I started to cry. Bry was starting to get upset, but was calm. I suspect he was doing that for the baby and me. He noticed that the elevator seemed to be stuck between floors. He tried to move the elevator doors, working to push and pull them open. Nothing seemed to work and all it did was shake the elevator. Then we heard someone trying to pull the doors open from the outside. Finally, help had come! I felt hopeful and stopped crying.
After a few minutes of the person struggling with the elevator door from the outside, I panicked again. Tears fell from my eyes when Bry reminded me to keep it together for Kai. I looked down at him and he was no longer looking at my phone but fixating on me. He looked worried, fearful, confused. Keep it together, Angie! I told myself. The more fragile of the elderly women was standing there with her shopping cart, hunched over. I turned my mini fan around and pointed it at her. She told me to keep the fan on the baby.
Grace, sounding upset, said, "It's getting hotter! I can't breathe!" and took a series of deep breaths. She was still holding her full shopping bags. Her forehead was wet. There was no real ventilation. I kept pulling up my shirt and didn't care that I was showing my stomach. I held the fan on Grace. "Keep the baby cool," she insisted again.
After 30 minutes of entrapment, I'd texted my best friend and called my aunt, who was at home with my three older daughters, to tell her where we were and what was going on. My oldest daughter happened to overhear the conversation and ran off to tell her younger sisters, upset. I reassured her over the phone that everything would be OK but I didn't know when we'd get out. She sounded sad.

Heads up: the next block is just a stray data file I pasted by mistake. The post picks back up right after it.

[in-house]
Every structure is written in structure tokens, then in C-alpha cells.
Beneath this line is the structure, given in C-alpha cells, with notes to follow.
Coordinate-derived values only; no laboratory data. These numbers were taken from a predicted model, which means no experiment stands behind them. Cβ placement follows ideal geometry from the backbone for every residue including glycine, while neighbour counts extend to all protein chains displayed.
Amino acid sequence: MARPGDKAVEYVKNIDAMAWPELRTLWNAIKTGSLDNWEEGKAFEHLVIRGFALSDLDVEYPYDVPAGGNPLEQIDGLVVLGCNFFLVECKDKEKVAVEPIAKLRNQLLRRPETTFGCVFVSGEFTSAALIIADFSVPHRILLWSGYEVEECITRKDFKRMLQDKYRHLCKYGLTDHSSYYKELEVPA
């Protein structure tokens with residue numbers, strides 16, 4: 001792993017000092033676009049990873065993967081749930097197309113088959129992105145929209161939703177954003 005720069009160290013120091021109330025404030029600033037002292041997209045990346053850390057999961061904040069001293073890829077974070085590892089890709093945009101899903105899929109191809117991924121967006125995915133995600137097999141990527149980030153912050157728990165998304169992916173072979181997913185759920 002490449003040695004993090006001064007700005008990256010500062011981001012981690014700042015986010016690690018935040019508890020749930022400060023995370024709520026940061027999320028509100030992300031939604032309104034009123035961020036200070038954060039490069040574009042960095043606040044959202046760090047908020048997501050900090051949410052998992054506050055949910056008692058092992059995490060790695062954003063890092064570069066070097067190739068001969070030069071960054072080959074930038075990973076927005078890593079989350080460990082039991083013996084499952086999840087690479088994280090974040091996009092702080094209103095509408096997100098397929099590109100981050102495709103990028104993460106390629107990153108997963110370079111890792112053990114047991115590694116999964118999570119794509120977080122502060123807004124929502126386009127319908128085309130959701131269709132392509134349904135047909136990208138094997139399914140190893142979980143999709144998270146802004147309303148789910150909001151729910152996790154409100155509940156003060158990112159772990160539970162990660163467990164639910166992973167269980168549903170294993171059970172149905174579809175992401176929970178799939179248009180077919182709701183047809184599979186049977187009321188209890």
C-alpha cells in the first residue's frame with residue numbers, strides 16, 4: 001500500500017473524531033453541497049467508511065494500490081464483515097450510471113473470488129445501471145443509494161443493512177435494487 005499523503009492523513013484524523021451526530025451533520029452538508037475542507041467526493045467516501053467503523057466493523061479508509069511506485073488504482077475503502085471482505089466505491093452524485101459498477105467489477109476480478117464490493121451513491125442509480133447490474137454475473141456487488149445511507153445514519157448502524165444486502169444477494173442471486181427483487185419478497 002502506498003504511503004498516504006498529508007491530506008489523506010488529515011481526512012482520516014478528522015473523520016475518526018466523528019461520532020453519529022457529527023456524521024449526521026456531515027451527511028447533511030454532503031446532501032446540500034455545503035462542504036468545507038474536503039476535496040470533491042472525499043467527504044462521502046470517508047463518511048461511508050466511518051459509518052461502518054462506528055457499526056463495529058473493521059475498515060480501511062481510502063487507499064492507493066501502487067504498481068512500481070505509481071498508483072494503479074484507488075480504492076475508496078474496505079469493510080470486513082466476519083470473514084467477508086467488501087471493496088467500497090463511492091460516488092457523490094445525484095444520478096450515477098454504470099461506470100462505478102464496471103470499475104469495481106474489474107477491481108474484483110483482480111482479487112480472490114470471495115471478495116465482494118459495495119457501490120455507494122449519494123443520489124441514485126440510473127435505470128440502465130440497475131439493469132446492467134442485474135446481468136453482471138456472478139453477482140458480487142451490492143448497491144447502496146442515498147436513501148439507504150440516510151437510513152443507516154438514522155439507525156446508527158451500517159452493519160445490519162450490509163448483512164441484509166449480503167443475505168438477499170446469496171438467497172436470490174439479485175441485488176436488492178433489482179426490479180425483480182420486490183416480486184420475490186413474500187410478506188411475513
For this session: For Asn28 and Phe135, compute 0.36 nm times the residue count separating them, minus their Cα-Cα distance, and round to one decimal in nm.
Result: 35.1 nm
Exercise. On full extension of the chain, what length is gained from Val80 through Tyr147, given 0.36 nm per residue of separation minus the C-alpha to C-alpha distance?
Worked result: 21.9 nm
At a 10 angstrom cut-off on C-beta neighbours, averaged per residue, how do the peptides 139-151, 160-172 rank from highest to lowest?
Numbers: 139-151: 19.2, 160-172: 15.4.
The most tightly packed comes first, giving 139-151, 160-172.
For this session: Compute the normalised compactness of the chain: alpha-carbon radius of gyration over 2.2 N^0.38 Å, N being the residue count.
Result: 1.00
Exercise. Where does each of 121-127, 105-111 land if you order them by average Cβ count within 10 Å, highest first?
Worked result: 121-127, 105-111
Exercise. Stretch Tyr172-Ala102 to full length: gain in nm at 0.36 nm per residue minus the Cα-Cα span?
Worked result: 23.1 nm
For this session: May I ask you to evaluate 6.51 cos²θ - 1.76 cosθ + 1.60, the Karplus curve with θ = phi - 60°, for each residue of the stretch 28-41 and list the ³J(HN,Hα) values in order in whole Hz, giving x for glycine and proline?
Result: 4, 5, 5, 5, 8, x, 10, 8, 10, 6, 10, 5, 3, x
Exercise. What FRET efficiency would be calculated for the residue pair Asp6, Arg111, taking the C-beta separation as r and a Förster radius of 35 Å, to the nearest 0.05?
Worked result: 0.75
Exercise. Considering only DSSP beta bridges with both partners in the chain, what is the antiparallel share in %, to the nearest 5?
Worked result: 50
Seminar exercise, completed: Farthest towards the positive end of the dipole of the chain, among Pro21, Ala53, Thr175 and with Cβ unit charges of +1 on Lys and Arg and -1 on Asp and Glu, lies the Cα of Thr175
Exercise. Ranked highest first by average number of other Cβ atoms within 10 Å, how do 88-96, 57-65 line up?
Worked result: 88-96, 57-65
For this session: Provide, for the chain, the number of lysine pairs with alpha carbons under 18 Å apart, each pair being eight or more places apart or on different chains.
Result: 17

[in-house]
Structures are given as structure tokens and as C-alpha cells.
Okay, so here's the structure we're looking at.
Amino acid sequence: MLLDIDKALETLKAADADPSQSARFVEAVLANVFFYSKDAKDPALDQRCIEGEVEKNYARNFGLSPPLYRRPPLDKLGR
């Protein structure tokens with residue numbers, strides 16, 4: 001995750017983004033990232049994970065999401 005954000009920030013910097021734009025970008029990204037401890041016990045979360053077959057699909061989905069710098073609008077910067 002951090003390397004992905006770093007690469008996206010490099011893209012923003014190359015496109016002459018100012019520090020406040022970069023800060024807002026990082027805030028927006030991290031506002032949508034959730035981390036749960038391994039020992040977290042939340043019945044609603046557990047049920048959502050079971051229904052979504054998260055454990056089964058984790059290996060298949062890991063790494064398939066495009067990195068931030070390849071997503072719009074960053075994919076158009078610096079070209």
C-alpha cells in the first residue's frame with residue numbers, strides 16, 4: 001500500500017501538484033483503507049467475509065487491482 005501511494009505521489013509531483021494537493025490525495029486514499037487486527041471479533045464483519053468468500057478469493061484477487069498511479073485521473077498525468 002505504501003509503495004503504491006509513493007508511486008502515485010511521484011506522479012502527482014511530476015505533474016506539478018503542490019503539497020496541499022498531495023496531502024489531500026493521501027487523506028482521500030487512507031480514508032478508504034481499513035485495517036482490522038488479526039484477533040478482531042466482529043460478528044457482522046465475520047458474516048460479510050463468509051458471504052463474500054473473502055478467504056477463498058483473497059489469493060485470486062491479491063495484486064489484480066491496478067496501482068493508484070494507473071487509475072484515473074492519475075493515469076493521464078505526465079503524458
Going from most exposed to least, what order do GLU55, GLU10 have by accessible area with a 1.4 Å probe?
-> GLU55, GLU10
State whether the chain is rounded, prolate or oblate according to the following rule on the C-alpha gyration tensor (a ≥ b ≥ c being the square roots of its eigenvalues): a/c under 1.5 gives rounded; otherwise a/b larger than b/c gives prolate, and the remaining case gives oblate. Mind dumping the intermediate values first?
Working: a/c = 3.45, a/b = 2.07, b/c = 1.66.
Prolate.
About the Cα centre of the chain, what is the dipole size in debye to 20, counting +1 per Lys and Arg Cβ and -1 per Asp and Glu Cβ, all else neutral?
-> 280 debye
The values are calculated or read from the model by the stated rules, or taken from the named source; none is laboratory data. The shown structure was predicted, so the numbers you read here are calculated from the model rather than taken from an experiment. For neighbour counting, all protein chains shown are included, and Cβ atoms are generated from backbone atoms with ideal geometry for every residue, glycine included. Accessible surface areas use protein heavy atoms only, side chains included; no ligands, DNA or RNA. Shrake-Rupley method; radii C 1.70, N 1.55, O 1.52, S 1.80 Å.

I had already unbuttoned his shirt, taken off his shoes and socks, and was five seconds from taking his shorts off.
My son then turned around too fast in his stroller, not being fully strapped in (my mistake) and hit his head on the side bar. He became hysterical — more so because he started to realize how upset everyone around him was. I picked him up and comforted him.
I had already unbuttoned his shirt, taken off his shoes and socks, and was five seconds from taking his shorts off. Then the elevator floor button reset. It showed weird symbols then the actual floor number again, P3.
The elevator began to move!
Once the elevator began to move, I picked up Kai again and put him on my hip. The doors opened and I ran out with Kai, yelling back to Bry to "grab the stroller!" I may have laughed at this thought, but I was afraid the doors would close and then our stroller, along with my purse, would then be stuck! I ran out and away, and we all hugged and cried, thankful to finally be out of that hot "deathtrap." If I wasn't claustrophobic before, I certainly was now.
I cried for a good few minutes, and kissed my husband and baby multiple times. There was no one from security waiting outside for us, so Bry propped a red cone in front of the elevator then set off for the office with Grace and her friend. I took Kai to sit next to the fountain in the middle of the mall, splashing the water on his little feet. He giggled, as he finds water funny. I called my mom to let her know what happened and to tell her I loved her.
I've heard stories of friends, family and acquaintances getting stuck in elevators and some may think it's not a big deal, but I had my baby in there. It was hot. Would I then have blamed myself if something had happened to him? I'm not sure what the temperature got up to in that elevator, but it was not nothing. Moms get a hard rap for worrying about everything, and carrying five sippy cups in their purse at all times, but this day taught me that you can never be too prepared.